National Cord Blood Program
New York Blood CenterTransplant Center Log-in
About usNCBP at WorkPatients and OutcomesCord Blood DonationsNews And ArticlesHow To HelpCord Blood Q and A

<< back to Q&A



Comparison Between Bone Marrow or Peripheral Blood Stem Cells and Cord Blood Donated for Transplantation

Bone Marrow/Peripheral Blood Cord Blood
Bone marrow donation requires surgery under general anesthesia. Donors may experience temporary discomfort and/or pain. Long-term consequences of growth factors used in peripheral blood stem cell donations are uncertain. When obtained from the delivered placenta and umbilical cord, cord blood donation poses no medical risk to mother or infant

A transplant requires donation of a quart or more of bone marrow (mixed with blood).

A small volume (sometimes few ounces) can be used for transplantation. The number of cells needed depends on the recipient’s weight.
Bone marrow and peripheral blood grafts contain large numbers of stem cells. Engraftment of neutrophils is rapid. Cord blood units contain smaller numbers of stem cells. Slower engraftment may lead to prolonged hospital stay, and in certain cases, to serious complications.

After a formal search is started, it usually takes 2 or more months to transplant, if a donor is available.

When a match is found, it can take only a few days for confirmatory and special testing for shipment to the Transplant Center (less than 24 hours in an emergency).

Potential donors may no longer be available or may have withdrawn consent. Donor must be found and retested to confirm the HLA typing and infectious disease results and to confirm that the donor is still willing and able to donate bone marrow. Significant donor attrition. Once frozen, a cord blood unit is available until used. There is no donor attrition.

Donor may be available to give a second transplant or to donate blood for T-cells if necessary.

Donor is not available for a second donation
Bone marrow is used fresh (shelf-life measured in hours). Peripheral blood stem cells usually stored for short term (days to a few months). Cord blood units are cryopreserved (stored in special freezers). Frozen cord blood has been transplanted successfully after up to 13 years in storage.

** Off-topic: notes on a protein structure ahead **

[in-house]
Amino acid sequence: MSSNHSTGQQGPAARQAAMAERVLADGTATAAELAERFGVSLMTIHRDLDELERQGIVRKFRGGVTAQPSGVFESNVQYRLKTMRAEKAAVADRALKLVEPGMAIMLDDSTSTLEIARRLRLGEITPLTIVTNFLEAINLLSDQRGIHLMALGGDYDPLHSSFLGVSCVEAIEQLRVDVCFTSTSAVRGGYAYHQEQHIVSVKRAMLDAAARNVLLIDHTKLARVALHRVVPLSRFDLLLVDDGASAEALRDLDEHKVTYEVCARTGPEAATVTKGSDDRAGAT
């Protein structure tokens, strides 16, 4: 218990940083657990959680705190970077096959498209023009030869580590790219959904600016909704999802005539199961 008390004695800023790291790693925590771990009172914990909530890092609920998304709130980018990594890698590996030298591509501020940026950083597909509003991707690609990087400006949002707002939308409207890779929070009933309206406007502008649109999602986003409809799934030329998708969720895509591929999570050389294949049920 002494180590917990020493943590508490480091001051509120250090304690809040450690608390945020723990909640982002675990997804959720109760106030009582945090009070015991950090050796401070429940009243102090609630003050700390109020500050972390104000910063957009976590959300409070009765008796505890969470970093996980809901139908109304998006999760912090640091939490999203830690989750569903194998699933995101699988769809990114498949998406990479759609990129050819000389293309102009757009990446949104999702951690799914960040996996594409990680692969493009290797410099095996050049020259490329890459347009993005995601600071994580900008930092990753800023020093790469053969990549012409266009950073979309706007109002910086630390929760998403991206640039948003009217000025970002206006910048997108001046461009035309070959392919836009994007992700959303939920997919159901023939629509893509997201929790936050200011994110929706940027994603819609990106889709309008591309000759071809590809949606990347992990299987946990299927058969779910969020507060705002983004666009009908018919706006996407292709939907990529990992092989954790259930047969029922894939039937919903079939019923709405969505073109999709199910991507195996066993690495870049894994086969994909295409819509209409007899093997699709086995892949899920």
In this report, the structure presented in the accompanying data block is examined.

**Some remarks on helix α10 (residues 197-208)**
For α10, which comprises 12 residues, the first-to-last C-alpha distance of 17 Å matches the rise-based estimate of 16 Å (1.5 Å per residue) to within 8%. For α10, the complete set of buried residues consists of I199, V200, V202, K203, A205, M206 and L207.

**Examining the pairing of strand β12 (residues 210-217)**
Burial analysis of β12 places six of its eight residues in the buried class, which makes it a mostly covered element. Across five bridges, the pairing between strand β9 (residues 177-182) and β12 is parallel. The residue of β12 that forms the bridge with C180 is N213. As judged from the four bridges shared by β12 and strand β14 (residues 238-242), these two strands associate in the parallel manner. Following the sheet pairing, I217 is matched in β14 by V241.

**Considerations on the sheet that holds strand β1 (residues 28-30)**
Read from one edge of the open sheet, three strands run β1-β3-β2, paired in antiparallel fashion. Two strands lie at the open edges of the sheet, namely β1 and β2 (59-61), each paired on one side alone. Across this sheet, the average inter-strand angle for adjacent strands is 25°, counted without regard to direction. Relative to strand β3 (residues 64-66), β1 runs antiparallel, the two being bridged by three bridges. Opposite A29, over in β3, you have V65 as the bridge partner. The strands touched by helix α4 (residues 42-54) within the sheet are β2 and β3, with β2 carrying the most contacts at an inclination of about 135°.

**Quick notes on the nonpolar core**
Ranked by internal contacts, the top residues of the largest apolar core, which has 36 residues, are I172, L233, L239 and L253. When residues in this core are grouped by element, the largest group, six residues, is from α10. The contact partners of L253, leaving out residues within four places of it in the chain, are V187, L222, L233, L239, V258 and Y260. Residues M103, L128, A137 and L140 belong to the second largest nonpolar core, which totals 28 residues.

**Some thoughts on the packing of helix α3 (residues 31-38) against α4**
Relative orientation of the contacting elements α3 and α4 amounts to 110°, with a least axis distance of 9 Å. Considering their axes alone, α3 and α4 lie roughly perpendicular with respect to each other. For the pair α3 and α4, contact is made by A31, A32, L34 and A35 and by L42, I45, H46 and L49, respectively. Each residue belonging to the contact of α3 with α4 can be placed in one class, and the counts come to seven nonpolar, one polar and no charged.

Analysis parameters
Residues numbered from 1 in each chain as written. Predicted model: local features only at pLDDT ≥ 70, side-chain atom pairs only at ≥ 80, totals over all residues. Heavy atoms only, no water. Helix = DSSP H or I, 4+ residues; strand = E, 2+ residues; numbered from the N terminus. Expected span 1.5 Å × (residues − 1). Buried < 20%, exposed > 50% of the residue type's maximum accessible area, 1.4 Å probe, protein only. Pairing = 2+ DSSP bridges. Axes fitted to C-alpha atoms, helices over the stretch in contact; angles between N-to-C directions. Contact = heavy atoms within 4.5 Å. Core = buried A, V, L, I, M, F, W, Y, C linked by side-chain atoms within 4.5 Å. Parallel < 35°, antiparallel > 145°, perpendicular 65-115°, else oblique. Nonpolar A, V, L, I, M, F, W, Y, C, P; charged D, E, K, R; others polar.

Patient must begin conditioning before the bone marrow or peripheral bloods harvest. Coordination between donation and transplant is critical and complex.

Cord blood graft can be shipped to the transplant center before the patient enters the hospital and begins conditioning for transplantation. Coordination is simple. Cord blood units are shipped on demand.

Latent viral infection in the donor is common (i.e. CMV > 50% in U.S. adult donors). Latent viral infection in the cord blood donor is rare (i.e. CMV <1% in U.S.).

No risk of transplanting a genetic disease.

There is a small probability that a rare, unrecognized genetic disease affecting the blood or immune system of the baby may be given with the cord blood transplant.

Severe graft vs host disease (GvHD) is common with mismatched grafts. GvHD less frequent, usually less severe and easier to treat

Generally requires a perfect match between donor and recipient for 8/8 HLA-A, -B, -C and -DRB1 antigens. Additional HLA factors (HLA-DQ and -DP) increasingly used to improve prognosis.

HLA-mismatched cord blood transplants are possible, making it easier to find a suitable match. Role of HLA-C, -DQ and -DP are not yet known.

Cord blood transplants, as all unrelated hematopoietic stem cell transplants, can be associated with serious complications, severe organ toxicity, and in some cases, death.


<< back to Q&A